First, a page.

The Hart Senate Office building was a modern building, Elizabeth had found it cold, but Russell was elegant, with attractive architectural details, beautiful carved bronze (I think) bannisters, wide, well-lit corridors and attractive offices.
Elizabeth and I wondered if as well as her Senate seat, Gillibrand had inherited Hillary’s office, when we walked in though, we realized that she hadn’t. Hillary’s, which we had visited seven years earlier with our SIDS hat on, was larger and brighter.
Again, we announced ourselves, gave our names and took a seat on the comfortable sofa and armchairs in the front office.
We didn’t have long to wait though. We’d hardly made ourselves comfortable, when Senator Gillibrand’s Health Legislative Assistant, Deidra Bennett, came out to meet us.
“Esmeralda Williamson-Noble,” I said standing up to shake hands.
“Oh yes, we exchanged emails,” she said smiling warmly as she lead us into an adjacent room.
“My name is Jessica Evangelista, my cousin died of suicide on February 7, 2009.”
“Meredith Jenning, I lost three friends to suicide, one of them was in the military.”
Elizabeth Obih-Frank. Andrew, Esmeralda’s son, was the son I never had, and I am here to support her in this great and important cause.”
“How long do we have?” I asked once the introductions were over.
“Oh… twenty minutes,” she said looking at her watch.
“By the way,” I asked. “Do you have any experience about Suicide?” She nodded, however, I will not share here what was said afterwards.
This time Jessica and Meredith made the presentation, they were impressive and obtained assurances of support. We found Deidra very conscious of the plight of military personnel and their families. She herself mentioned the stress that our military are under and that they need support integrating back when they come home.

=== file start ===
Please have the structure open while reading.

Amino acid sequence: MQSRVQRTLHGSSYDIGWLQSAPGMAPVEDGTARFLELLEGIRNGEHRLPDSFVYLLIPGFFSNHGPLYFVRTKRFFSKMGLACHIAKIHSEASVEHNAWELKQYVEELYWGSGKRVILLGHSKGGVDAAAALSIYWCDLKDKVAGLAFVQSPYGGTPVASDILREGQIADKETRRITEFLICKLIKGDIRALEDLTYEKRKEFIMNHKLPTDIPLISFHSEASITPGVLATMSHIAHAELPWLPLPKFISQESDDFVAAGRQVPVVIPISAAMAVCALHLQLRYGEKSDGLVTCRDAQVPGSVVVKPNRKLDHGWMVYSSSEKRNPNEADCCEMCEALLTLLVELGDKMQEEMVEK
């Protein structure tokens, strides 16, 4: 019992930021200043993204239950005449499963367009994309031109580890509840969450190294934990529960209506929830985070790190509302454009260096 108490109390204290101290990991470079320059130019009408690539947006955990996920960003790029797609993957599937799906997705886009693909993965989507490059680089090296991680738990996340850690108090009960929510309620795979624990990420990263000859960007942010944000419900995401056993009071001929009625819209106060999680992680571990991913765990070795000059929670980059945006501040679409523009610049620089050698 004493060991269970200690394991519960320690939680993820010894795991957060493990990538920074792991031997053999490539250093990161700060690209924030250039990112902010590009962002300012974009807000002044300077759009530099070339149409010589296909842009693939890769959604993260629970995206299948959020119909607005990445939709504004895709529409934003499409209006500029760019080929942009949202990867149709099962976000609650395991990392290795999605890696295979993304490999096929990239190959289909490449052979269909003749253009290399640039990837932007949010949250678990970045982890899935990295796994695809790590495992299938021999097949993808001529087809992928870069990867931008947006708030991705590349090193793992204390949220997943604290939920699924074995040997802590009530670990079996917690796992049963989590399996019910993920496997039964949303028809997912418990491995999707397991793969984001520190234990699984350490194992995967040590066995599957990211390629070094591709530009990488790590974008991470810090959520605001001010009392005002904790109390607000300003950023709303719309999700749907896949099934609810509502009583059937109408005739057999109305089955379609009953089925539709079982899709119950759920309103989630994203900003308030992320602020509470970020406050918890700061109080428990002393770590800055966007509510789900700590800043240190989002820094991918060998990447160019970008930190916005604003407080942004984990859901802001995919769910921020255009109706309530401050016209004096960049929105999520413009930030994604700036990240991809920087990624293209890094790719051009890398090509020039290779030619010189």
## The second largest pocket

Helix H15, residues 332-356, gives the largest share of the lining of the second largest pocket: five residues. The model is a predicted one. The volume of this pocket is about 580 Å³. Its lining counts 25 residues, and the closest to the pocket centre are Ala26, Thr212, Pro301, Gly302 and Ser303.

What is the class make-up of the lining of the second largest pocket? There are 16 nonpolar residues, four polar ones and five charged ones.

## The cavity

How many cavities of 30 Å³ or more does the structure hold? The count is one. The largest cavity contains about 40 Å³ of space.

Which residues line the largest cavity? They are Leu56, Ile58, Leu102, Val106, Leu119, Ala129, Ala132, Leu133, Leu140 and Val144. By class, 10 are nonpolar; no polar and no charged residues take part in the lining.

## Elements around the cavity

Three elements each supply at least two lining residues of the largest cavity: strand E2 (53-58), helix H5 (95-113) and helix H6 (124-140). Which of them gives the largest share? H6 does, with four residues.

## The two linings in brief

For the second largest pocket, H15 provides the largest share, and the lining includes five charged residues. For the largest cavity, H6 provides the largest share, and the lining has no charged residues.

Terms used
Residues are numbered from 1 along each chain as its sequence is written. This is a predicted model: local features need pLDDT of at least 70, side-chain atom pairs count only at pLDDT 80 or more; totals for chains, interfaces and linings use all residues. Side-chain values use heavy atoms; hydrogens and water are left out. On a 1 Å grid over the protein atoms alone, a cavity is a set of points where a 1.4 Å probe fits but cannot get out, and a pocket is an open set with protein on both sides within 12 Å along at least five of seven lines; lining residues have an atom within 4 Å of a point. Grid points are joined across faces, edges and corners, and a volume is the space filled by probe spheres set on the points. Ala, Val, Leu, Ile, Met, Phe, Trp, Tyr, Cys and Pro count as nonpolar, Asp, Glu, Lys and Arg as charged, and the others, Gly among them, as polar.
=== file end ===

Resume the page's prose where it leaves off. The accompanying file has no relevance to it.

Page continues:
“By the way,” I said suddenly. “As well as everything that’s in that folder,” I said pointing to the blue packet we had given her. “I have my very own agenda. I believe that practicing Yoga and Meditation are the long term answer to not only health care, but also Peace, Prosperity and Happiness.” There, I said it, and immediately felt like closing my eyes so that I wouldn’t see the strange looks directed at me.
But no….. my friend Deidra (I feel as though she is my friend) immediately jumped on board and we went on to have an excited conversation, all four of us, about the benefits of those Eastern practices.
“Look,” I said. “You get a bunch of your colleagues together, and I’ll come back with a certified Meditation teacher and we’ll teach them meditation (Deidra practices it already).”
All our meetings had been great, they couldn’t have gone better, but this last one left me feeling warm and fuzzy.
When we finally had to say good-bye to Deidra, I felt sad. We hugged each tight and I gave her a kiss on the cheek.
“Promise you’ll call when you come to New York,” I said, as we walked away.
“You kidding? Would I come to New York and not call you?” she called after me.